HomeNewsBriefKillings by São Paulo Police Hit 10-Year High
BRIEF

Killings by São Paulo Police Hit 10-Year High

BRAZIL / 18 AUG 2015 BY ARRON DAUGHERTY EN

Killings by São Paulo state security forces are on the rise, once again highlighting police violence in Brazil and the culture which encourages it. 

Police in the southeastern Brazilian state killed 358 people during the first half of 2015, the highest figures in a decade, local newspaper Folha de São Paulo reported, citing figures from the state's Public Security Secretary. 

The statistics follow reports of a series of murders, which some suspect of being carried out by police death squads. On August 13, at least 18 people were killed in São Paulo's namesake capital city, in a series of shootings which took place over three hours. 

According to some witnesses, the assailants targeted people with criminal histories. Other reports said that bullet casings associated with ammunition used by security forces were found at the murder scenes. The mayor of one affected São Paulo suburb went so far as to say the killings may have been reprisals for the recent deaths of two police officers. 

InSight Crime Analysis

While more details have yet to emerge about the killings in São Paulo, it would not be outrageous to consider the possibility that police death squads were involved. A 2014 study found that São Paulo state military police have killed more than 10,000 people since 1995. There is also a strong precedent for off-duty police committing killings, and prior examples of police becoming embroiled in tit-for-tat assasinations with prison gang the First Capital Command (PCC). It remains to be seen whether the 18 murders in São Paulo will unleash a cycle of revenge killings between gangs and police, as previously seen in the city in 2012.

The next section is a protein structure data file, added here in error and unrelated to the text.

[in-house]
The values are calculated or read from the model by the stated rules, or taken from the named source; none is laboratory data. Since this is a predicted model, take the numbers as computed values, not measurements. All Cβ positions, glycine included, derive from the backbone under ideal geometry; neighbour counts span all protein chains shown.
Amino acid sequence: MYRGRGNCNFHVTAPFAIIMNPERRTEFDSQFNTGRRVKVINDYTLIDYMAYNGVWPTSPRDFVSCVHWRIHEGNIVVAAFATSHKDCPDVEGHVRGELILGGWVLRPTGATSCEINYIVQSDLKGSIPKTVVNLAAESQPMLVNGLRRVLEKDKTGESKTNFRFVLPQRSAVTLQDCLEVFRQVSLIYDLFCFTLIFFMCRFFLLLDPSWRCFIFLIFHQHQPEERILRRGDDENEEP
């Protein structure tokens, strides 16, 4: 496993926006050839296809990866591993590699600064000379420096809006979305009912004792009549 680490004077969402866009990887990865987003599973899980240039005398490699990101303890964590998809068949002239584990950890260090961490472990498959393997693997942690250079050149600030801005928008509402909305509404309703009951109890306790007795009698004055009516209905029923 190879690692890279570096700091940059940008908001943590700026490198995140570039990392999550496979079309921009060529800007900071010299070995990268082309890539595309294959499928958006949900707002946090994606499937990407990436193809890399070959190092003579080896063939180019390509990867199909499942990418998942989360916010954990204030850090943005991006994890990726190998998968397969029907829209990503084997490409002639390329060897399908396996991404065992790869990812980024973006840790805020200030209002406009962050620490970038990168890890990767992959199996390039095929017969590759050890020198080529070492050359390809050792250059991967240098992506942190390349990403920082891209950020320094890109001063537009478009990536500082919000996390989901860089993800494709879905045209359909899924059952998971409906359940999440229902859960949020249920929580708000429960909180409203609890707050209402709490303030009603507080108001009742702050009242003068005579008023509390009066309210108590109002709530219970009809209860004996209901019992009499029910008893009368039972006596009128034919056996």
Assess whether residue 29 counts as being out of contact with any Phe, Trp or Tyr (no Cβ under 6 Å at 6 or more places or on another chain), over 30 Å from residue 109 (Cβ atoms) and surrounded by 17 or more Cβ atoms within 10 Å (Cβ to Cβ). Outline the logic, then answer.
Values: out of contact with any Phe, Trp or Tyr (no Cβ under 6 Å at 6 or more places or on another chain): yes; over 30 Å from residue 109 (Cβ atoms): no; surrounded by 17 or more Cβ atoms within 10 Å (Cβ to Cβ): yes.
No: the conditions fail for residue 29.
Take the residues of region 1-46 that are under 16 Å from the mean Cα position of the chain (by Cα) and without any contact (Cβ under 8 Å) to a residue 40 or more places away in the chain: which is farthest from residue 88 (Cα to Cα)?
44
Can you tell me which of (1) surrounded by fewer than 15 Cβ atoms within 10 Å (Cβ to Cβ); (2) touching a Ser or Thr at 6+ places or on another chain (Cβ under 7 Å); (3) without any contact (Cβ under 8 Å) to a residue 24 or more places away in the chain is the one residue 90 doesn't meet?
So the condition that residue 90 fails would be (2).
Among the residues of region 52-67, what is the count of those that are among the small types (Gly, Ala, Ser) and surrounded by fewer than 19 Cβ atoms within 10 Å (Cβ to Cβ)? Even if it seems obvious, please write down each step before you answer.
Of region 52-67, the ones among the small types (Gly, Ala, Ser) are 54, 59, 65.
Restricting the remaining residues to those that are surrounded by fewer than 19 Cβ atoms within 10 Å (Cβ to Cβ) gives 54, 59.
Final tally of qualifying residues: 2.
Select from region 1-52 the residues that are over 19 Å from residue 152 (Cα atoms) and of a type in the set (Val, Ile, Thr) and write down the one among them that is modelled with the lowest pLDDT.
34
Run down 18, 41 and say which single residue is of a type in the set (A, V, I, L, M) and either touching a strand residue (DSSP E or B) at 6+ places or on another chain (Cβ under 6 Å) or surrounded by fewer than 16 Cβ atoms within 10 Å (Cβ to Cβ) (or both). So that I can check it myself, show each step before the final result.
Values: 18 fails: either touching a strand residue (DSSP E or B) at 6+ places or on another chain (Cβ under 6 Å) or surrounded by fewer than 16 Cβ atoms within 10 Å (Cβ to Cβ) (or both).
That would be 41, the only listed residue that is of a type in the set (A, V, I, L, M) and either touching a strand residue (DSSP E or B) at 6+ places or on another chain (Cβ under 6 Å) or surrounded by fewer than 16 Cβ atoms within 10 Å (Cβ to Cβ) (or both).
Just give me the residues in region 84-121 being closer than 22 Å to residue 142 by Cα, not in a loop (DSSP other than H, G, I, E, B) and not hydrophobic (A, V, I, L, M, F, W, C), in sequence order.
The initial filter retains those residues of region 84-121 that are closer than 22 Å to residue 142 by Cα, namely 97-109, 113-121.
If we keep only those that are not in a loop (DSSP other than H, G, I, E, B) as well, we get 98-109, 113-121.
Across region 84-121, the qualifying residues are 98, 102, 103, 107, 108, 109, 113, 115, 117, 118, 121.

SEE ALSO:  Brazil News and Profiles

Brazil's police have frequently been accused of fostering "a culture of violence" and failing to do enough to address the issue of brutal policing, as highlighted in a recent report by Amnesty International. Police reliance on use of excessive and illegal force has been blamed on the brutal training that recruits undergo. 

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